“We have to recognise that the world is not something sculptured and finished, which we as perceivers walk through like patrons in a museum; the world is something we make through the act of perception.”— Terence McKenna
“Addiction is the hallmark of every infatuation-based love story. It all begins when the object of your adoration bestows upon you a heady, hallucinogenic dose of something you never even dared to admit that you wanted— an emotional speedball, perhaps, of thunderous love and roiling excitement. Soon you start craving that intense attention, with the hungry obsession of any junkie. When the drug is withheld, you promptly turn sick, crazy, and depleted (not to mention resentful of the dealer who encouraged this addiction in the first place but who now refuses to pony up the good stuff anymore— despite the fact that you know he has it hidden somewhere, goddamn it, because he used to give it to you for free). Next stage finds you skinny and shaking in a corner, certain only that you would sell your soul or rob your neighbors just to have that thing even one more time. Meanwhile, the object of your adoration has now become repulsed by you. He looks at you like you’re someone he’s never met before, much less someone he once loved with high passion. The irony is, you can hardly blame him. I mean, check yourself out. You’re a pathetic mess, unrecognizable even to your own eyes. So that’s it. You have now reached infatuation’s final destination— the complete and merciless devaluation of self.”— Elizabeth Gilbert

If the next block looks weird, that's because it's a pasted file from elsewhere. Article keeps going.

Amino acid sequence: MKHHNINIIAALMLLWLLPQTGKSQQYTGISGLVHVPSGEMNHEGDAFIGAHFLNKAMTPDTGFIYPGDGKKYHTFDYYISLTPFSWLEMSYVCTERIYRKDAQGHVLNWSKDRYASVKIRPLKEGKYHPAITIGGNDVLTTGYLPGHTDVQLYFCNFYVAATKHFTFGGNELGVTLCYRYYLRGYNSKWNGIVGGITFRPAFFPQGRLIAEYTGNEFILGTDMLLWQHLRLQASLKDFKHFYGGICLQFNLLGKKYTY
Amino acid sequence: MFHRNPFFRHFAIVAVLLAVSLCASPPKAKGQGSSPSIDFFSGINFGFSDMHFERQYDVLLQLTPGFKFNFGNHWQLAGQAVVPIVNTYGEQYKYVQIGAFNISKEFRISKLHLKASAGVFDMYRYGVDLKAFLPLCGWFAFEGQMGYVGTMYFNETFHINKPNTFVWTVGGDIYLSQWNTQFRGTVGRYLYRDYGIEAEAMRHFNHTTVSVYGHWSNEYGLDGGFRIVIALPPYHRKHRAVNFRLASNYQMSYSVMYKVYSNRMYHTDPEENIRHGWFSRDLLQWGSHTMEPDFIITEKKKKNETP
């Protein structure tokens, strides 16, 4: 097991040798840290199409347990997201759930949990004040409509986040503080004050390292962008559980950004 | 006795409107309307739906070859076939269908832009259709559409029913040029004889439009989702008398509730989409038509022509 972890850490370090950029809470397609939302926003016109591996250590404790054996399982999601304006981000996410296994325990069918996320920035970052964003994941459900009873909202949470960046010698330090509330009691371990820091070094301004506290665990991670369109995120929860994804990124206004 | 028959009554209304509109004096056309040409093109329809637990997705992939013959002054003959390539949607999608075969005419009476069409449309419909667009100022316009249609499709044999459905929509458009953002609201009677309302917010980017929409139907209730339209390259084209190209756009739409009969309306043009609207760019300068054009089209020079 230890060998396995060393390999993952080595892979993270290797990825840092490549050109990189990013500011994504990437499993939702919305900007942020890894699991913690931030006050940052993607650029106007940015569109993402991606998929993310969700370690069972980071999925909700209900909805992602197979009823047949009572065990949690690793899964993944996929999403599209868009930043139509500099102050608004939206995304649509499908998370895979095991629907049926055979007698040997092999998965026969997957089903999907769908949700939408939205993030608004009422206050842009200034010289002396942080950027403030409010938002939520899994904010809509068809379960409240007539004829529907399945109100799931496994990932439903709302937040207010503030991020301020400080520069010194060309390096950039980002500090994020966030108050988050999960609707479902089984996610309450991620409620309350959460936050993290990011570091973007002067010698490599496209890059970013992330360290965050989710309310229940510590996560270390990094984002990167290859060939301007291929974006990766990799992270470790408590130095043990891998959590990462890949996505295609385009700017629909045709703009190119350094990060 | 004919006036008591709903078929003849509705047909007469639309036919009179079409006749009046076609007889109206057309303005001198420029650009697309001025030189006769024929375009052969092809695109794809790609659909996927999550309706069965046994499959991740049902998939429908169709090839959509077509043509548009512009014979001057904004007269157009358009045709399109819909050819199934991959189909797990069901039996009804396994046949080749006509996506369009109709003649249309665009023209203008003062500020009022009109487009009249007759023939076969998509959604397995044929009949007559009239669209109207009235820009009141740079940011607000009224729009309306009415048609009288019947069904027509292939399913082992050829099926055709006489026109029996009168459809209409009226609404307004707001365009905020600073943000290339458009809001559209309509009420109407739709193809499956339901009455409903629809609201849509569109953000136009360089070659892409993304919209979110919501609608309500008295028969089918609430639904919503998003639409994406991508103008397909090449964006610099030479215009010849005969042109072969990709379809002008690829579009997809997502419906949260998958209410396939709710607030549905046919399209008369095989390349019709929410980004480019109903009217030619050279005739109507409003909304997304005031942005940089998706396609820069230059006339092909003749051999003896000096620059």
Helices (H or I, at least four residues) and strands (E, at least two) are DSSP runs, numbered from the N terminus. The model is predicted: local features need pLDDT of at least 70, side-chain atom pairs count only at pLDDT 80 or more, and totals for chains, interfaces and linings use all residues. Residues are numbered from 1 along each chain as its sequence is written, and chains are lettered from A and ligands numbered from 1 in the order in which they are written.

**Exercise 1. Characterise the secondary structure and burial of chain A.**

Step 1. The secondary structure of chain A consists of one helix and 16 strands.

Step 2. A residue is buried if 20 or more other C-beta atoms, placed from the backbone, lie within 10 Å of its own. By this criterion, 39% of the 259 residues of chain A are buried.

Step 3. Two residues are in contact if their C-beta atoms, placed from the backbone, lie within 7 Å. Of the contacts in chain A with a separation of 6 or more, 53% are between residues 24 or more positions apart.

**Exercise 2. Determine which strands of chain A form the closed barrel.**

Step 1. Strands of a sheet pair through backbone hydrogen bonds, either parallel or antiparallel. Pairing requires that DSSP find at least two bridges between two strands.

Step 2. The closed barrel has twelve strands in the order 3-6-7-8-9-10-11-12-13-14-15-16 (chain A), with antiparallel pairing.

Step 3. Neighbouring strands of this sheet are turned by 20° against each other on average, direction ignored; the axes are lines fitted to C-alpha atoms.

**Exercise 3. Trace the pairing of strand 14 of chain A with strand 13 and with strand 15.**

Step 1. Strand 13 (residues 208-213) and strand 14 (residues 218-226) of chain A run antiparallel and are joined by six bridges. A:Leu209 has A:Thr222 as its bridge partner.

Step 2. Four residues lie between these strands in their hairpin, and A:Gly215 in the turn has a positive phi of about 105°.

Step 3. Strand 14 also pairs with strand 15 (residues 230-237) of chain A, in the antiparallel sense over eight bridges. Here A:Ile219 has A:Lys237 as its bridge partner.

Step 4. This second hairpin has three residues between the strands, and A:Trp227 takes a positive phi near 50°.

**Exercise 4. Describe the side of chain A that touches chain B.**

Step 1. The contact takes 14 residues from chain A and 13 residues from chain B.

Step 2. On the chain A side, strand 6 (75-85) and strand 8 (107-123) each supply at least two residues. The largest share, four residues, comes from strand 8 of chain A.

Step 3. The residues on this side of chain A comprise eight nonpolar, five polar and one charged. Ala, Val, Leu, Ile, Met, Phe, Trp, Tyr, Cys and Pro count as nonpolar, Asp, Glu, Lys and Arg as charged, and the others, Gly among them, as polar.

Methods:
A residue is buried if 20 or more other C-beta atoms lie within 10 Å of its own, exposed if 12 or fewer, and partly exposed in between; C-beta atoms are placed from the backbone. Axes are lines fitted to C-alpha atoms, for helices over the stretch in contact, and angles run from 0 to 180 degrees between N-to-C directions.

“In desperate love, we always invent the character of our partners, demanding they be what we need of them, and then feeling devastated when they refuse to perform the role we created in the first place.”—
99% of the “women” i meet are in “desperate love” and i wish they would realize this.
“If you think of this world as a place intended simply for our happiness, you find it quite intolerable: think of it as a place for correction and it’s not so bad. Imagine a set of people all living in the same building. Half of them think it is a hotel, the other half think it is a prison. Those who think it a hotel might regard it as quite intolerable, and those who thought it was a prison might decide that it was really surprisingly comfortable. So that what seems the ugly doctrine is one that comforts and strengthens you in the end.”— C.S. Lewis
“The best moments in reading are when you come across something — a thought, a feeling, a way of looking at things — that you’d thought special, particular to you. And here it is, set down by someone else, a person you’ve never met, maybe even someone long dead. And it’s as if a hand has come out, and taken yours.”—